Need to take off your acrylic nails but don’t have the time or patience to visit the salon? We’ve all experienced it, but it pays to remove your manicure properly instead of, say, tearing it off your natural nails (oops!) or gnawing them while engrossed in your TV session. Cut it. If you’re wondering how to quickly remove acrylic nails at home, we’ve got you covered—and we even have an acetone-free option.

Do you professionally remove acrylic nails?

Unfortunately, forcibly removing the acrylic also means removing several layers of your natural nail plate, according to Savannah Walker, professional nail technician and owner of Manifest Nails in New York. “This usually results in thin, brittle, damaged nails that last for months until they grow back,” she says. And this is the best possible scenario! Therefore, if you decide to wear acrylic paints, we recommend keeping this handy set of tools at home to remove them without damaging them:

How to remove acrylic nails at home with acetone

Keep in mind that even if you follow these five steps, you may still be left with slightly damaged natural nails, depending on how the technician first applied the acrylic to them and how carefully you removed them. . However, “if the acrylic process is done patiently, it can be virtually damage-free,” says Walker. Now follow these simple steps from nail professionals to remove acrylic quickly without causing any damage:

File the acrylic nail as fine as possible.

Instead of filing your nails the normal way (along the top edge of the nail), you’ll need to file down the entire area that the acrylic covers. “Take off as much of the acrylic product as you can with a coarse-grained file,” says Walker. “You need a really good file for that; The sanding board sucks.” Find a 100-grit nail file fine enough to file the surface of the acrylic, or a nail drill bit.

Soak off the remaining acrylic nails.

After cutting away as much of the acrylic as possible, Walker recommends soaking nails in 100% acetone nail polish remover for as long as it takes for the product to dissolve.

There are two ways to do this. One method is to place a cotton ball soaked in acetone on each nail and then wrap foil around each fingernail, Walker advises. “It’s an excellent technique,” she says. Otherwise, you can try dipping your fingers in a bowl of acetone. It’s simple, but “the bowl technique is much harder on your skin and takes longer,” notes Walker.

If you go this route, “only dip the tips of your nails into the bowl so you don’t dry out the skin on your fingers and hands,” says Biranur Aral, PhD, director of the Good Housekeeping Institute’s Beauty Lab. , “Be sure to use acetone only in a well-ventilated area as it is highly volatile and can easily irritate your respiratory system.”

Gently scrape or polish off the last pieces of acrylic.

“After soaking in acetone, check your nails” every 20 minutes or so to scrape softened acrylics with an orange stick or cuticle pusher, says Walker. Repeat this process until all product has dissolved.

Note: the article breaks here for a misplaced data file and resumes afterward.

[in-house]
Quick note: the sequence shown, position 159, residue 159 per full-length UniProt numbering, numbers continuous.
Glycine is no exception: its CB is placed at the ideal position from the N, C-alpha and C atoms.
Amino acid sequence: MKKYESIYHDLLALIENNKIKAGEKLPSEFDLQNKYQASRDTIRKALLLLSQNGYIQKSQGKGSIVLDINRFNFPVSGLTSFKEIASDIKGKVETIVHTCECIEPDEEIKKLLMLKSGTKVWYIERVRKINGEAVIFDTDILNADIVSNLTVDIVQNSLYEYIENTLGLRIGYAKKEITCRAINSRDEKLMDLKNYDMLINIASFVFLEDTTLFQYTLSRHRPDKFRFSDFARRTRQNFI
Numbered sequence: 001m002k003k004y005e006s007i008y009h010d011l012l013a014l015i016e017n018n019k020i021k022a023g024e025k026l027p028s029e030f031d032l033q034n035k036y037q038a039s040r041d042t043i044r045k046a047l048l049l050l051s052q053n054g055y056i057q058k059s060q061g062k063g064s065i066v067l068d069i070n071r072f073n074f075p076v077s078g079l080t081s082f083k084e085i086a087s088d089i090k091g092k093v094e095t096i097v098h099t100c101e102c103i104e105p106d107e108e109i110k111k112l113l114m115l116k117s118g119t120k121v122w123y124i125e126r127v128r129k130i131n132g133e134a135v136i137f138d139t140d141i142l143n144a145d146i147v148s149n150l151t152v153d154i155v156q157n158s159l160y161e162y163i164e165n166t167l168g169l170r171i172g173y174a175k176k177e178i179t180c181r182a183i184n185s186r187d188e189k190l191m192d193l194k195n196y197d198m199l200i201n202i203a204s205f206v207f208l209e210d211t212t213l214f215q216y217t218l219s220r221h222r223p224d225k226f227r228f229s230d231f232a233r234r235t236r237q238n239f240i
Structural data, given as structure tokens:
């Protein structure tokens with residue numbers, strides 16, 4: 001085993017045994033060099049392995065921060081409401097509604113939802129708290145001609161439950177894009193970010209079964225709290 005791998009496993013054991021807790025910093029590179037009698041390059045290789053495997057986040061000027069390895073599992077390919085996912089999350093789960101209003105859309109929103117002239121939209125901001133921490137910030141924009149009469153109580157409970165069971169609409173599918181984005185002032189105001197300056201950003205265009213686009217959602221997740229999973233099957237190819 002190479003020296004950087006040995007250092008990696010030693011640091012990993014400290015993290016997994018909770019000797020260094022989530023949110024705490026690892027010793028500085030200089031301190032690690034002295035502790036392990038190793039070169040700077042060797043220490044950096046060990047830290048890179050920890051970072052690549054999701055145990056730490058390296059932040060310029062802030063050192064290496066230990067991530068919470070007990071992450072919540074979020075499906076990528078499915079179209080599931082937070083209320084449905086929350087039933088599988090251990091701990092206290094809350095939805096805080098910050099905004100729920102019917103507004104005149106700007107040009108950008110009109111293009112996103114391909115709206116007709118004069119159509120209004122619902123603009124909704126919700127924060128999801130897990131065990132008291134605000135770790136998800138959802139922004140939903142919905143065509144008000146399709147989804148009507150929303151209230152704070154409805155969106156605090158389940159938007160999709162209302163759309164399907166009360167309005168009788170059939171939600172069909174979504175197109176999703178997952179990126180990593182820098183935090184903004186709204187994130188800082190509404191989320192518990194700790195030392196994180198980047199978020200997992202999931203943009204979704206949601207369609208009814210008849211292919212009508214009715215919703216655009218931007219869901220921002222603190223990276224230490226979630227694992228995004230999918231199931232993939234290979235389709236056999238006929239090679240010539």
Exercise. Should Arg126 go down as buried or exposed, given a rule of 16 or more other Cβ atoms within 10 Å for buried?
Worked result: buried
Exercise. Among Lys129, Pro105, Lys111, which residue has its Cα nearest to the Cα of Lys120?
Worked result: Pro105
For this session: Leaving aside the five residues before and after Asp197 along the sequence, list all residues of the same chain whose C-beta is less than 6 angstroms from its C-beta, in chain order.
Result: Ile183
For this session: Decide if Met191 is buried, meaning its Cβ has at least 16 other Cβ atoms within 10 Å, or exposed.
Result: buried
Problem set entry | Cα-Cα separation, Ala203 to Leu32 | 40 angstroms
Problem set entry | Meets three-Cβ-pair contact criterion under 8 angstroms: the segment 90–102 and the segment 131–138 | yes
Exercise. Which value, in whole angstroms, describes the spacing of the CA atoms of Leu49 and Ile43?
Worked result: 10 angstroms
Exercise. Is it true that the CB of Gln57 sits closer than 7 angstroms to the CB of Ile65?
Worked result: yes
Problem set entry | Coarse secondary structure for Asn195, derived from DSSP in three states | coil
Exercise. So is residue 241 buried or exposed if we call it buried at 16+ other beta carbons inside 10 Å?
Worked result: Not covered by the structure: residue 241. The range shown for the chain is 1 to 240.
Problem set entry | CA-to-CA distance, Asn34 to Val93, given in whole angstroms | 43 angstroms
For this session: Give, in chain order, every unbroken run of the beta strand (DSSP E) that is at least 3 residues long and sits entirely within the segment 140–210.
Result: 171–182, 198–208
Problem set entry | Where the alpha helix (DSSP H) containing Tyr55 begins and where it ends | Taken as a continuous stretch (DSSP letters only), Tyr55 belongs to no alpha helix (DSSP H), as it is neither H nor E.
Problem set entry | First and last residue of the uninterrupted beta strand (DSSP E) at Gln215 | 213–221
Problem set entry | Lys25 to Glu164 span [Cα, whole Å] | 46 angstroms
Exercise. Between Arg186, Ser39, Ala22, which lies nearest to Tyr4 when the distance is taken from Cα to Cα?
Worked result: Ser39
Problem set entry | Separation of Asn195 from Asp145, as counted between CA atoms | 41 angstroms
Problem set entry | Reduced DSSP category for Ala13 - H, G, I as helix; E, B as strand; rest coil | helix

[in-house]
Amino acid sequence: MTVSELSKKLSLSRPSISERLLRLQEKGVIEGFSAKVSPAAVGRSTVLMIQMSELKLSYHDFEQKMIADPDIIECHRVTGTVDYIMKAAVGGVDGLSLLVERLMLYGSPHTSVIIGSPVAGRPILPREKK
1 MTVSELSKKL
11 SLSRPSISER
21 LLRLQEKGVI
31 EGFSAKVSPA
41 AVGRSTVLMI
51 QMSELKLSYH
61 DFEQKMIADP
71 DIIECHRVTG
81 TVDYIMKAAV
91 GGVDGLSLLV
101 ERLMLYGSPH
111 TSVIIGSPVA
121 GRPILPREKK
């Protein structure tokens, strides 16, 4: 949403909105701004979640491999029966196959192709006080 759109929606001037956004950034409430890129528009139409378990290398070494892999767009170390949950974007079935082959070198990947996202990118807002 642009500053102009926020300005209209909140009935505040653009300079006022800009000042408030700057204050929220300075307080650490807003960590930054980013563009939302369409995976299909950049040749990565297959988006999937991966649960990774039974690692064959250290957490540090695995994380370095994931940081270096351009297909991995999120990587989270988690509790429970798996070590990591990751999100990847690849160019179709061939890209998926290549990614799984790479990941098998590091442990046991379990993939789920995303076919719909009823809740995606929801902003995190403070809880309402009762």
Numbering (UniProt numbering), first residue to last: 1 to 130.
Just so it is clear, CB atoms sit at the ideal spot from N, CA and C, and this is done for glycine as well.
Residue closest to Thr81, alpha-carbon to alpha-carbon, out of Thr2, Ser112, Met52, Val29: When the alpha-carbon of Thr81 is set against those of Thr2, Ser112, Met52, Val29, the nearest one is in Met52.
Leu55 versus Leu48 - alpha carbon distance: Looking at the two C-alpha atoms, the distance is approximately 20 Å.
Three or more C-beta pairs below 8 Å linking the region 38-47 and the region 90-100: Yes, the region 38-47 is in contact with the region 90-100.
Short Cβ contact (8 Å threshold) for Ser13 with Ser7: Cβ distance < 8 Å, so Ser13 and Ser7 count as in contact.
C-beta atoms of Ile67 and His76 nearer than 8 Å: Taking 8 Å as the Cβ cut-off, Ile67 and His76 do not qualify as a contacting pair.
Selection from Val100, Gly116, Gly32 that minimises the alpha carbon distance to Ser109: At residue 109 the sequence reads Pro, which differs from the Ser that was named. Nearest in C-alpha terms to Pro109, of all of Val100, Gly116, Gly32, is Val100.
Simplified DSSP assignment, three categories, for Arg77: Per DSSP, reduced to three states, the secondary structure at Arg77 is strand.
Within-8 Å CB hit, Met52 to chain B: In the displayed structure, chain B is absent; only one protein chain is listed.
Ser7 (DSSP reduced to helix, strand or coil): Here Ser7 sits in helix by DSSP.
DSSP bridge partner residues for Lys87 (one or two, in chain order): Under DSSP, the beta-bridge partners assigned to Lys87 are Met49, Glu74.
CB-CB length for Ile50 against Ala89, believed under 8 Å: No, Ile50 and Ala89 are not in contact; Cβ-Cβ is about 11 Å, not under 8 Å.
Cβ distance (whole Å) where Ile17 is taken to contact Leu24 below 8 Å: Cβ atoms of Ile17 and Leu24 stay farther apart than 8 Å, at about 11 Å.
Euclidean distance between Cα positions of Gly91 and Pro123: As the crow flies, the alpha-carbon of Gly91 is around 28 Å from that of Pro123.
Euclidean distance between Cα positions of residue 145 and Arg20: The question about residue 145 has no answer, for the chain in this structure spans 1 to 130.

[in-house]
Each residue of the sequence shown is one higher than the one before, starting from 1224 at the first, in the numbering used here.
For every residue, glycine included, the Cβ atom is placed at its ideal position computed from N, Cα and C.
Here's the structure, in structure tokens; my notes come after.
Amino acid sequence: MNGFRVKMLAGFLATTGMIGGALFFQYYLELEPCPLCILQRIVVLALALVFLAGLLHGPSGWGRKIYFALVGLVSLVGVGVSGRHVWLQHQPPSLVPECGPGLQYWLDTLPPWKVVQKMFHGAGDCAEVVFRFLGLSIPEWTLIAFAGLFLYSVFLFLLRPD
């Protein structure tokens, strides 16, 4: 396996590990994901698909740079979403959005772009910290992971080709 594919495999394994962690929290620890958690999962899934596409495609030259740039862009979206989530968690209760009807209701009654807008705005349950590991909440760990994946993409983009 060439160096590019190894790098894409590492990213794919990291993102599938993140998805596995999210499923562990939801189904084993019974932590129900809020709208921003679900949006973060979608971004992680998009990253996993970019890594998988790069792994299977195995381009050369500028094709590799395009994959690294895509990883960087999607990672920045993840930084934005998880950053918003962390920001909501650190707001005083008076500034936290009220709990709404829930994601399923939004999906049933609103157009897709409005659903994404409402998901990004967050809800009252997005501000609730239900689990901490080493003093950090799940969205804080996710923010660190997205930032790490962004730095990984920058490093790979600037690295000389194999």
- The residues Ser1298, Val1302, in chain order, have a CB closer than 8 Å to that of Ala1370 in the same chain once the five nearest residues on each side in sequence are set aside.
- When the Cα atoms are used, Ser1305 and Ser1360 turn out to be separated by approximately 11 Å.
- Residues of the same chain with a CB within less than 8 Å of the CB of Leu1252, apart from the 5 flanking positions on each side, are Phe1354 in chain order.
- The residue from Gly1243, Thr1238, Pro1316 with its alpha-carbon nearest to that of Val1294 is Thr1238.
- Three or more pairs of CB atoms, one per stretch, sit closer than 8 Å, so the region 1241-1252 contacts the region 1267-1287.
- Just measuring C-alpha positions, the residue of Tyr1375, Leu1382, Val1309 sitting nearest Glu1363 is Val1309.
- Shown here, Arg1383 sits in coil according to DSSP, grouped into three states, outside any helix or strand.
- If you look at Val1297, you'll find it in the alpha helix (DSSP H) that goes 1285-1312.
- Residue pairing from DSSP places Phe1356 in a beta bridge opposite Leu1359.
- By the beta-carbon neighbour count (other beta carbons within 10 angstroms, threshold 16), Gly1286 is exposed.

There may be some small areas of acrylic left, but don’t overdo it! “If there are small pieces of acrylic that won’t budge, you can use a soft nail polish sponge to buff those little stubborn pieces to a smooth finish,” she says.

Protect your nails from future acrylic damage

It is not harmful to acrylic nails, but it can affect natural nails. For acrylic enthusiasts, try to take a week off every month so that the health of your nails doesn’t completely take a toll. During this time, apply a layer of a nail strengthener daily, like this moisturizing oil from nail artist Deborah Lippmann, to keep nails from breaking.

To make them even more intense, “apply cuticle oil and cuticle cream to your nails, then wrap each hand with a warm washcloth for five minutes,” says nail technician Deborah Lippman, founder of the Deborah Lippman Nail Collection. Results: Shiny and strong nails in no time.

how to remove acrylic nails at home without acetone

You can remove acetone-free acrylic nails using acetone-free nail polish remover as an absorbent solution. But keep in mind that “if you want to avoid acetone, it will take longer to remove the acrylic,” says Anastasia Toti, lecturer at LeChat Nails in St. John’s, Florida. This way:

  • She recommends starting by trimming any excess length of extensions with nail clippers to cut down on soaking time.
  • Use a 100 grit nail file to remove as much product as possible without filing down the natural nail. “This will remove any top coat, gel polish, or nail art, making it easier for the solution to penetrate,” explains Toti.
  • Soak a piece of cotton wool in the solvent and wrap the tip of your finger with foil about two inches long so that the cotton piece is in direct contact with the acrylic, repeating this for each finger. Wait 15-20 minutes, then remove the foil and cotton and gently push the soaked product away from the cuticle using an orangewood stick or cuticle pusher. “Be patient and don’t scratch or scratch it if it’s not saturated enough,” she says.
  • If there is acrylic left on the nails, re-wrap them using more remover.
  • Use a nail file to shape your nails, gently polish if necessary, and wash your hands to remove any remaining grout.

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